I went a little bit into how I arrived at self publishing above. But one of the things I want to stress is that self/independent publishing is a choice. It’s not just because “no one would accept me.” I always considered self/indie publishing as an option for my work because I’d read many success stories about great authors who used it to break into the industry or remained independent throughout their careers.
Indie publishing offers a lot of benefits for authors like full creative control, the ability to run your own business, make your own schedule and manage your team, as well as higher royalty percentages. All of these things did, and still do, really appeal to me. They’re key components of how I run my business as an author.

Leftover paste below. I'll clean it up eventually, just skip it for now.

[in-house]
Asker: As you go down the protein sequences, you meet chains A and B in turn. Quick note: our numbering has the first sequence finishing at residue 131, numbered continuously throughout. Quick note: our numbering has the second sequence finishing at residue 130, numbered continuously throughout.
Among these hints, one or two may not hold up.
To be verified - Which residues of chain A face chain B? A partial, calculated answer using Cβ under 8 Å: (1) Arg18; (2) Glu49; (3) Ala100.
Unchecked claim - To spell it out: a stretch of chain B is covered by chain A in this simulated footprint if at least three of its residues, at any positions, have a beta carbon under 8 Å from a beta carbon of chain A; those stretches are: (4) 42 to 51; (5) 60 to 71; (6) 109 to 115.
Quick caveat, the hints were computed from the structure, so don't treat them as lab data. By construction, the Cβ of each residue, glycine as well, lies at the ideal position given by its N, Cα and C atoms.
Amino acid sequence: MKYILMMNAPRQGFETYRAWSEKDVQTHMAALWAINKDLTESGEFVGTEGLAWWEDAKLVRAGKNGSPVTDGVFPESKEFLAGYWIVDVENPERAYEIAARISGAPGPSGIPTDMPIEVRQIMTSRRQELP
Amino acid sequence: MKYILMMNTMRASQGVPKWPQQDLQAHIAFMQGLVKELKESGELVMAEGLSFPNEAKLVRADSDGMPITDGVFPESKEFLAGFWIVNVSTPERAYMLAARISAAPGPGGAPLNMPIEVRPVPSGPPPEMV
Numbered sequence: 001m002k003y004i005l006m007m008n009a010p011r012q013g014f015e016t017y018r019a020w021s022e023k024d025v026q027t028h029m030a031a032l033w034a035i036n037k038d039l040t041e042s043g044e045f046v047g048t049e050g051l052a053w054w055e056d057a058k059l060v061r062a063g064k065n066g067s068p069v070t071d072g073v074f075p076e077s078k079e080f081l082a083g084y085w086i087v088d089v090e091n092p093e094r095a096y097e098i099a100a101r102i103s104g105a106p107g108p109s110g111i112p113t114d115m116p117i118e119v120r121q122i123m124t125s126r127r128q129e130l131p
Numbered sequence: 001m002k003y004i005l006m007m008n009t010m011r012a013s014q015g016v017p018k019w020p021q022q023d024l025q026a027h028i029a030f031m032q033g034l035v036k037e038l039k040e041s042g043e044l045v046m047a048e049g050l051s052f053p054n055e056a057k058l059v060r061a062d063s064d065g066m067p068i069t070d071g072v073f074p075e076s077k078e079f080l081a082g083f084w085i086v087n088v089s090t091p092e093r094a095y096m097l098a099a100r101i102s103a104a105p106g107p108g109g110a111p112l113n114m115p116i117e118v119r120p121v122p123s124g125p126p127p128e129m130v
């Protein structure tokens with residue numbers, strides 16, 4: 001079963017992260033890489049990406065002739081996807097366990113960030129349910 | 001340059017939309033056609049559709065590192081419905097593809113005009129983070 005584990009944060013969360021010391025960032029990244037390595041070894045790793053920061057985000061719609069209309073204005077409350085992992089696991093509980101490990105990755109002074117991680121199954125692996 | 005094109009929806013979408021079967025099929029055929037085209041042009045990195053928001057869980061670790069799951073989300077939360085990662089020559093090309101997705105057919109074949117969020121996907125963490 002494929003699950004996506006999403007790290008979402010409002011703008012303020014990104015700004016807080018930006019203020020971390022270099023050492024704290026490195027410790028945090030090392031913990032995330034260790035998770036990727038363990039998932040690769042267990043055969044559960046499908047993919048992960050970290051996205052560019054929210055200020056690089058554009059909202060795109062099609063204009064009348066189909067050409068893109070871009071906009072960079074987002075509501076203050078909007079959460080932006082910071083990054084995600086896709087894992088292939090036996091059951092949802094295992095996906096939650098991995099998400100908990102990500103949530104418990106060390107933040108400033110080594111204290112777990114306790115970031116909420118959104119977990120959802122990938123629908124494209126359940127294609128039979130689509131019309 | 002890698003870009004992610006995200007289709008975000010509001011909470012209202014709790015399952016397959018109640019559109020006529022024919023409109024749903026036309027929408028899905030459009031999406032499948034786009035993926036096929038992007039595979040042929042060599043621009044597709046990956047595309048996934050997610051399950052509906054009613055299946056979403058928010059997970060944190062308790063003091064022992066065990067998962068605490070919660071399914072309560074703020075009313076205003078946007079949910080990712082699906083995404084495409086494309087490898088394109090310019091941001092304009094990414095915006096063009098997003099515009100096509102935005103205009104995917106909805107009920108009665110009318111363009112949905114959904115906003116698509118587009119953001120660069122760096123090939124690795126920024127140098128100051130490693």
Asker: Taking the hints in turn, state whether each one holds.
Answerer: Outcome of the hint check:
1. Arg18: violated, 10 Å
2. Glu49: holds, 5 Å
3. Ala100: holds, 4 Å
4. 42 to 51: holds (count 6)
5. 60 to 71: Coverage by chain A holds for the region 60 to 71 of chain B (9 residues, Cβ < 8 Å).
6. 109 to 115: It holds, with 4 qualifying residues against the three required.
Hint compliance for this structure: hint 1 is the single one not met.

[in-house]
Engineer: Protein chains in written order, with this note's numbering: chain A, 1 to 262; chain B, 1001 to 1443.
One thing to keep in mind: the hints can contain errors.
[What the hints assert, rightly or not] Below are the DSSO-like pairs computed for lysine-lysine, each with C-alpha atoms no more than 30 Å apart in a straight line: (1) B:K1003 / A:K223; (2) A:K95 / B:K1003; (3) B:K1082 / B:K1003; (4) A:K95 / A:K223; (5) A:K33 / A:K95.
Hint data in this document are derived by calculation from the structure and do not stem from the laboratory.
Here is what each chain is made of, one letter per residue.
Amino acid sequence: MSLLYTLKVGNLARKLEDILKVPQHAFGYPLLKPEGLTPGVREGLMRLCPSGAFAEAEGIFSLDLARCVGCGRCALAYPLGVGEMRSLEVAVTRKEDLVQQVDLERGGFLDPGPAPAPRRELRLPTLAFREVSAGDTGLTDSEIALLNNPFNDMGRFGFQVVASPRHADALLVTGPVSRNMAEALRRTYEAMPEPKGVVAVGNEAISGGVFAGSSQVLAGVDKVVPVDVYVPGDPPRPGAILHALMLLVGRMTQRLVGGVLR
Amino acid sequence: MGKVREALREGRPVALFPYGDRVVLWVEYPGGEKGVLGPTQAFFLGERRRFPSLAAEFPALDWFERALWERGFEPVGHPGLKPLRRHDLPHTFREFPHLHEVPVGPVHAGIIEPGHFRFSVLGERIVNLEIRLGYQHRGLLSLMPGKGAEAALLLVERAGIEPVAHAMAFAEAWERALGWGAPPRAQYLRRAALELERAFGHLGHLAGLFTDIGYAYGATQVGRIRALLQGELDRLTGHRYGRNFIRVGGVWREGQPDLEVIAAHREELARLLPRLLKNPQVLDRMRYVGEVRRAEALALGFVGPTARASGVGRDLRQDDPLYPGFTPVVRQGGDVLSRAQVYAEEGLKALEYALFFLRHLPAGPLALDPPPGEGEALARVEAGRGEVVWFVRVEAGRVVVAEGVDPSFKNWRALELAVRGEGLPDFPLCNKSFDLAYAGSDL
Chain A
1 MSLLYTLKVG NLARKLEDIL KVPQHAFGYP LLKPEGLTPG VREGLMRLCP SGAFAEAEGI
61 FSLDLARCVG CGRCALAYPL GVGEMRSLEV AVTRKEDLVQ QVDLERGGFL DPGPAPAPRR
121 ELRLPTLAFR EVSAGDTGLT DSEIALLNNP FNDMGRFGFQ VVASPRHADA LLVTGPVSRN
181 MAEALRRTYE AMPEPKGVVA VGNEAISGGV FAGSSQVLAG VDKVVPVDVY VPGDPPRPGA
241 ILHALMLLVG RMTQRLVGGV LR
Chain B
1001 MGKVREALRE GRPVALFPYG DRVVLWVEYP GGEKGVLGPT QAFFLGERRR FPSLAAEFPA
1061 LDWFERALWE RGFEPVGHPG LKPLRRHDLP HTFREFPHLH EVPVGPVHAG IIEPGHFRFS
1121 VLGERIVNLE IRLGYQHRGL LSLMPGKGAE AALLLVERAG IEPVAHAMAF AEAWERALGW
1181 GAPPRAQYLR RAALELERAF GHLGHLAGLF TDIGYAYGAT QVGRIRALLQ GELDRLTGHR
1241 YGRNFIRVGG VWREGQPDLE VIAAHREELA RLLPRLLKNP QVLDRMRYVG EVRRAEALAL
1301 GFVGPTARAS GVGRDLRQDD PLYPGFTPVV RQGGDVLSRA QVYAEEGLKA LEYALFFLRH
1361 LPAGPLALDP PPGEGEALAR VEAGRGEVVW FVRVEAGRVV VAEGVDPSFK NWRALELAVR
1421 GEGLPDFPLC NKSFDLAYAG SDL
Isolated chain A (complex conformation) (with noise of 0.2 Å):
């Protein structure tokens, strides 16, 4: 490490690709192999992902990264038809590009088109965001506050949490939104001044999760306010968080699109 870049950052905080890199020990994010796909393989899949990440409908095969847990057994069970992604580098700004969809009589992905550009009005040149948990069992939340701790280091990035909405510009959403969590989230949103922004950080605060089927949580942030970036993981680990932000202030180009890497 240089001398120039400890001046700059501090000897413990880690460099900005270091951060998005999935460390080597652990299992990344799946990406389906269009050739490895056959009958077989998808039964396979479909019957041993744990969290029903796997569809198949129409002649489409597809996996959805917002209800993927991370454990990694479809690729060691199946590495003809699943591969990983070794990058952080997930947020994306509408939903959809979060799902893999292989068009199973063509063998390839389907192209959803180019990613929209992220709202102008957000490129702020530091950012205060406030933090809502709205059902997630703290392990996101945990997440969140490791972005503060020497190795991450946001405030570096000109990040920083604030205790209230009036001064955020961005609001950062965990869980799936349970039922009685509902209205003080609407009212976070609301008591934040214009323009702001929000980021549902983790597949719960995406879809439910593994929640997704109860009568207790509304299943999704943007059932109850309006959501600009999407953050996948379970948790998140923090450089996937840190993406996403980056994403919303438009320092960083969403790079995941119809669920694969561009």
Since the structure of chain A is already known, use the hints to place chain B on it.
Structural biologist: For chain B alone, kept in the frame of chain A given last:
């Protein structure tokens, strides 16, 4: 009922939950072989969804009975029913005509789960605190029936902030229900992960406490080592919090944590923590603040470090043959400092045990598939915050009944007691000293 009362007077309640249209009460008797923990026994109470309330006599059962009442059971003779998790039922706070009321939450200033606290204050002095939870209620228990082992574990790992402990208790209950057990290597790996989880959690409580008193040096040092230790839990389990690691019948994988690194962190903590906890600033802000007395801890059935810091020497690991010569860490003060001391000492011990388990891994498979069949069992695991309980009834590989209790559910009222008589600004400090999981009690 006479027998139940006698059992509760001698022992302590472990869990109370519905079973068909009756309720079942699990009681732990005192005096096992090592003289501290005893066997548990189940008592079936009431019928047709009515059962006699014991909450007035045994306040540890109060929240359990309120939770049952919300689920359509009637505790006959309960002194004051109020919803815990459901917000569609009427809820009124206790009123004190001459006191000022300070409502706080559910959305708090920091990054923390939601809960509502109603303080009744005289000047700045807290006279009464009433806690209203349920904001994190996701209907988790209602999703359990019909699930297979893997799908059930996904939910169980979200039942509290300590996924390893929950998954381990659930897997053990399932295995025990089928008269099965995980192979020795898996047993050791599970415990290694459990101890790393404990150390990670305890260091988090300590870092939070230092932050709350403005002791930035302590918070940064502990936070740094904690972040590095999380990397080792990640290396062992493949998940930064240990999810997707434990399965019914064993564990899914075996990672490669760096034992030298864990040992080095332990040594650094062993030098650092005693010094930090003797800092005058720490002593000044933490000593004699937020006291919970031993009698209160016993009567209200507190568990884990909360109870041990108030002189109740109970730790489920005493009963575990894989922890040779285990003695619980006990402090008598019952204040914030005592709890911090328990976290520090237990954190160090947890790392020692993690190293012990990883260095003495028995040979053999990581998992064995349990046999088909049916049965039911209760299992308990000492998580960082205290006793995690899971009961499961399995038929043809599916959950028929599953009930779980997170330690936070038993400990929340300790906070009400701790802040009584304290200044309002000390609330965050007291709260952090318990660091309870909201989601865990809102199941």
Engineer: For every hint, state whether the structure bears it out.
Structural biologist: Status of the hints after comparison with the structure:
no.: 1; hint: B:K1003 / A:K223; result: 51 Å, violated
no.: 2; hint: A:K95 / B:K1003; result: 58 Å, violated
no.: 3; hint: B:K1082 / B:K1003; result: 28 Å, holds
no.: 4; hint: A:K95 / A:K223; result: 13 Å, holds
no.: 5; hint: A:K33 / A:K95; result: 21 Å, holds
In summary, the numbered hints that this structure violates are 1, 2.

What are the differences between indie publishing and traditional publishing? / Which do you recommend?
The major differences between indie and traditional publishing lie in a few key areas:
- Royalties – The royalty percentage for indie is usually higher… but once could argue there’s a better chance to move more copies in traditional publishing. So you may have a smaller percentage of a larger pie traditionally. Or a larger percentage of a small pie with indie. It’s hard to say which “makes more” and can vary book to book.
- Creative Control – With independent publishing, an author is in control of everything from content of the story, to editing, formatting, and cover design. It’s a lot of responsibility and requires a lot of market research. With traditional publishing, authors rarely have final say on any of these things. Which can be stressful in a different way.